What's to come?

A few features initially slated for 3.0 have been pushed back to the next minor so that we have more time to properly incubate them. Some of the things we have in motion:

  • Corepack integration
  • ESM support under PnP mode
  • Builtin CLI completion
  • Changelog generation
  • Improved performances
  • pnpm-style linker
  • And more...!

Of course that's only on the top of my head, so it's possible our objectives shift during the next weeks depending on our own priorities - and of course depending on whether you help us or not 😛

Discussion (12)

iskin profile image
Andrey Sitnik

yarn up -R! It was my last blocker from migration from Yarn 1.

blikblum profile image
Luiz Américo

Thanks for the update. The new shell concurrent feature saved my day.

How do i upgrade from berry v2 to berry v3.

I used yarn set version latest but it used the development branch something i don t want

hydrosquall profile image
Cameron Yick

I just tested this out upgrading from v2,, hope this helps!

borekb profile image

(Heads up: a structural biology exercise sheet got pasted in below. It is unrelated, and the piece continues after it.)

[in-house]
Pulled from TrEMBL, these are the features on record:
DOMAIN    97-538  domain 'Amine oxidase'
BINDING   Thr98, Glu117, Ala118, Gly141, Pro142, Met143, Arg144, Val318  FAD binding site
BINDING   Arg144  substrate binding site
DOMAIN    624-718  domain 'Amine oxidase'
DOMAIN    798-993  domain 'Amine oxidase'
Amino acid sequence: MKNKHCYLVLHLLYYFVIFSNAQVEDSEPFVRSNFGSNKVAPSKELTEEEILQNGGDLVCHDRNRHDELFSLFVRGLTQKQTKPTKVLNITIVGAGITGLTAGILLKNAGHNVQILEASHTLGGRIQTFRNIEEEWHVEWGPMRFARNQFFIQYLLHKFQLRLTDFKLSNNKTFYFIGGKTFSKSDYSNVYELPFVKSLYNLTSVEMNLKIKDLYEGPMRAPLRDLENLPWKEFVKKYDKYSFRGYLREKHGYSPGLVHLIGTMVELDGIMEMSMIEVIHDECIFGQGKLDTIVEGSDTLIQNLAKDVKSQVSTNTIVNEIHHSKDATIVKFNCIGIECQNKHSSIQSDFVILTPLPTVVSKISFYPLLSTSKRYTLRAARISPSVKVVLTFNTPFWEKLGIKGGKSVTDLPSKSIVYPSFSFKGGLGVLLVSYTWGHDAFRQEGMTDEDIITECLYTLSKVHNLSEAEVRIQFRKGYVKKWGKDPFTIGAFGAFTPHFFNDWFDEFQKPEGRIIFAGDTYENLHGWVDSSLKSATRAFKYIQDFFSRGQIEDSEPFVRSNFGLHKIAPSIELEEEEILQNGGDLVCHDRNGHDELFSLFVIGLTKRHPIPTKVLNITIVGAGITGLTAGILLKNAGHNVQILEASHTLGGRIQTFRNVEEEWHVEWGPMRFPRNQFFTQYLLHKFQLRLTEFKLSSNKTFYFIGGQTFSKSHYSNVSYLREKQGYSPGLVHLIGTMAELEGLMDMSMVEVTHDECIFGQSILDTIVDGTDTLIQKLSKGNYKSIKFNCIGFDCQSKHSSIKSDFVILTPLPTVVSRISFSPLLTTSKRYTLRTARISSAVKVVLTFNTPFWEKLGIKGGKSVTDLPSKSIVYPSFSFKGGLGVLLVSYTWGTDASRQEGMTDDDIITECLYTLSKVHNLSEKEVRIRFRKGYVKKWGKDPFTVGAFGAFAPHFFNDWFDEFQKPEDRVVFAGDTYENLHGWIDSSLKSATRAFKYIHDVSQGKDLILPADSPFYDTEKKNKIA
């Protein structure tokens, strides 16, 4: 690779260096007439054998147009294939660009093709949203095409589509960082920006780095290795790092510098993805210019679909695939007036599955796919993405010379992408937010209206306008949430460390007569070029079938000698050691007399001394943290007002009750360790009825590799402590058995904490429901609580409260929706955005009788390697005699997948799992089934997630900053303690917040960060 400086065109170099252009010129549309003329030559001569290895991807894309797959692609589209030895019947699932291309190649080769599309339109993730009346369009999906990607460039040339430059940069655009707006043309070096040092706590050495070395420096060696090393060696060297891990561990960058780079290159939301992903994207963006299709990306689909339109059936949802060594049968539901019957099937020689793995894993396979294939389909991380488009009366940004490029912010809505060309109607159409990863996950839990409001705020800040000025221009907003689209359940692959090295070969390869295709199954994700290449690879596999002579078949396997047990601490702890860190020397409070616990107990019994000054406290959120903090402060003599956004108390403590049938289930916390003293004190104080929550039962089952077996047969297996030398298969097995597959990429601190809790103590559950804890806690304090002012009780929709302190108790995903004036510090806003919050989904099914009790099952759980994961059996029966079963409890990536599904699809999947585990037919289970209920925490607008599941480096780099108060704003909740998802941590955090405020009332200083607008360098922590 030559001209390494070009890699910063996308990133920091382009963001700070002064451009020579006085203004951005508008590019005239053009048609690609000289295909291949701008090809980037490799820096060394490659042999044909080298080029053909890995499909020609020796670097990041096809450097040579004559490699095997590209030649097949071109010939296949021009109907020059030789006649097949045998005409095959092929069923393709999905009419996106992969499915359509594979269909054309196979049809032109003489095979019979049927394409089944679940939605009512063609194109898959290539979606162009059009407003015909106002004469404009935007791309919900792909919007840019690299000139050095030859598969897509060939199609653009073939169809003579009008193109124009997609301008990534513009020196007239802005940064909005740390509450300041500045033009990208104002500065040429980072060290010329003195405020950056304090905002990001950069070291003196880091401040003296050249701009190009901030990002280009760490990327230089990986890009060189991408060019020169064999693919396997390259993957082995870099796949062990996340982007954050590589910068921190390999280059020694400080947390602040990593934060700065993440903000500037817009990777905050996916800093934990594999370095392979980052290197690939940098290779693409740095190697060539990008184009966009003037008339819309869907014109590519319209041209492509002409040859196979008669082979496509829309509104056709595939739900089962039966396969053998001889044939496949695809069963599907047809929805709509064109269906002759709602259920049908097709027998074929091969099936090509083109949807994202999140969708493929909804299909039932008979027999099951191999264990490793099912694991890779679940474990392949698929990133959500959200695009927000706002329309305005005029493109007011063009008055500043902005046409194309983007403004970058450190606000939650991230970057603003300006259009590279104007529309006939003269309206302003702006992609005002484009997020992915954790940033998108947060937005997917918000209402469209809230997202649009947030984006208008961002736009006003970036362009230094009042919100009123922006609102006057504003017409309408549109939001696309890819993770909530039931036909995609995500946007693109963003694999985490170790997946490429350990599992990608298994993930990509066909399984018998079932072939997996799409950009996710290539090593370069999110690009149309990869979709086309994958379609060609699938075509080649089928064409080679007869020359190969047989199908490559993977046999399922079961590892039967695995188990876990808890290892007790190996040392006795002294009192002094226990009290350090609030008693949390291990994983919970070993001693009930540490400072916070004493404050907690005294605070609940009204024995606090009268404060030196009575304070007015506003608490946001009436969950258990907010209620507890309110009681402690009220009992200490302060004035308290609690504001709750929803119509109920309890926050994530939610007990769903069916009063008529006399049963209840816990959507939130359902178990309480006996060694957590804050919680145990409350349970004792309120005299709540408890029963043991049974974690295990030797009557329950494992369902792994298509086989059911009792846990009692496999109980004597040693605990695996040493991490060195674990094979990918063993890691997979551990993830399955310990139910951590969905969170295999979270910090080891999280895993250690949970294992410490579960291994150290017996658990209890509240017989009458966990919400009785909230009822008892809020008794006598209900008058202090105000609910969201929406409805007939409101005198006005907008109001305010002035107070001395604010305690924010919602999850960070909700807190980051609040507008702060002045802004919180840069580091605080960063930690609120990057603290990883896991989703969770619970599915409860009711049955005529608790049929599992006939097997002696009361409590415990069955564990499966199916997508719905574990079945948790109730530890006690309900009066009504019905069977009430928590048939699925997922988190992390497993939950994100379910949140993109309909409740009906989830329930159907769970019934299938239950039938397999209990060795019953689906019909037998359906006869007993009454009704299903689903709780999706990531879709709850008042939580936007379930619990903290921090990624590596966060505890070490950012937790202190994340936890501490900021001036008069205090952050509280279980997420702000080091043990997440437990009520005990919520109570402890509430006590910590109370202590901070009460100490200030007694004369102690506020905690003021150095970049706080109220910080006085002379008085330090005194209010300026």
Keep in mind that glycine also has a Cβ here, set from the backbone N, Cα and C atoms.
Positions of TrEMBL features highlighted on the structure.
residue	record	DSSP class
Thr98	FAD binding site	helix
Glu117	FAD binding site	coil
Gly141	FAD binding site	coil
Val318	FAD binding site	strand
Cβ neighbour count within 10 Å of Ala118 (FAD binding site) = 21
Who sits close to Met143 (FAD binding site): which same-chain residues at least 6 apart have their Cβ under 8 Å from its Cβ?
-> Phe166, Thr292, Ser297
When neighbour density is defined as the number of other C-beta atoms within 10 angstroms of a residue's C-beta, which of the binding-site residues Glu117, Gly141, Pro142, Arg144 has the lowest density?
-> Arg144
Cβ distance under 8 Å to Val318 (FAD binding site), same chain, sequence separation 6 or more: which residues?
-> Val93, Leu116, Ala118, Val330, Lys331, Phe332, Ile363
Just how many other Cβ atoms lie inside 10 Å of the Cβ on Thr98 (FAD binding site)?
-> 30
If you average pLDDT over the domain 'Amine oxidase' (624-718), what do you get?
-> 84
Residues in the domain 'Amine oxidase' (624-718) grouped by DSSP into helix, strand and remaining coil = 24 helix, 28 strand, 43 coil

Borek Bernard

Congrats, the release sounds really awesome! ❤️

malloc007 profile image
Ryota Murakami

I know ESM as well, but what does it mean ESM support as a package manager?

uptonking profile image

yarn is good.
BUT I prefer npm 7 workspaces.
Upgrading yarn is a burden now.
npm is bundled with node, so easy.

milo123459 profile image

Not sure what's a burdern about yarn up -R but I respect your opinion :)

xenoterracide profile image
Caleb Cushing

can you still use && or is there a new yarn scripts block? just wondering given the prolifity of && and I guess ||. not expecting full shell eval ;)

maracujajuice profile image

Uhm, probably a dumb question but how do we update to yarn 3?

hydrosquall profile image
Cameron Yick

I used these two commands in sequence:

# Now upgrades you to version 3.0.0
yarn set version berry
# Upgrades to latest version of 3
yarn set version 3.x
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dmail profile image
Damien Maillard

The day yarn support ESM I'll do the switch! I hope it will happen soon 🤞

larixer profile image
Victor Vlasenko

Yarn supports ESM with node_modules install scheme. The PnP install scheme will support ESM when Node API let this happen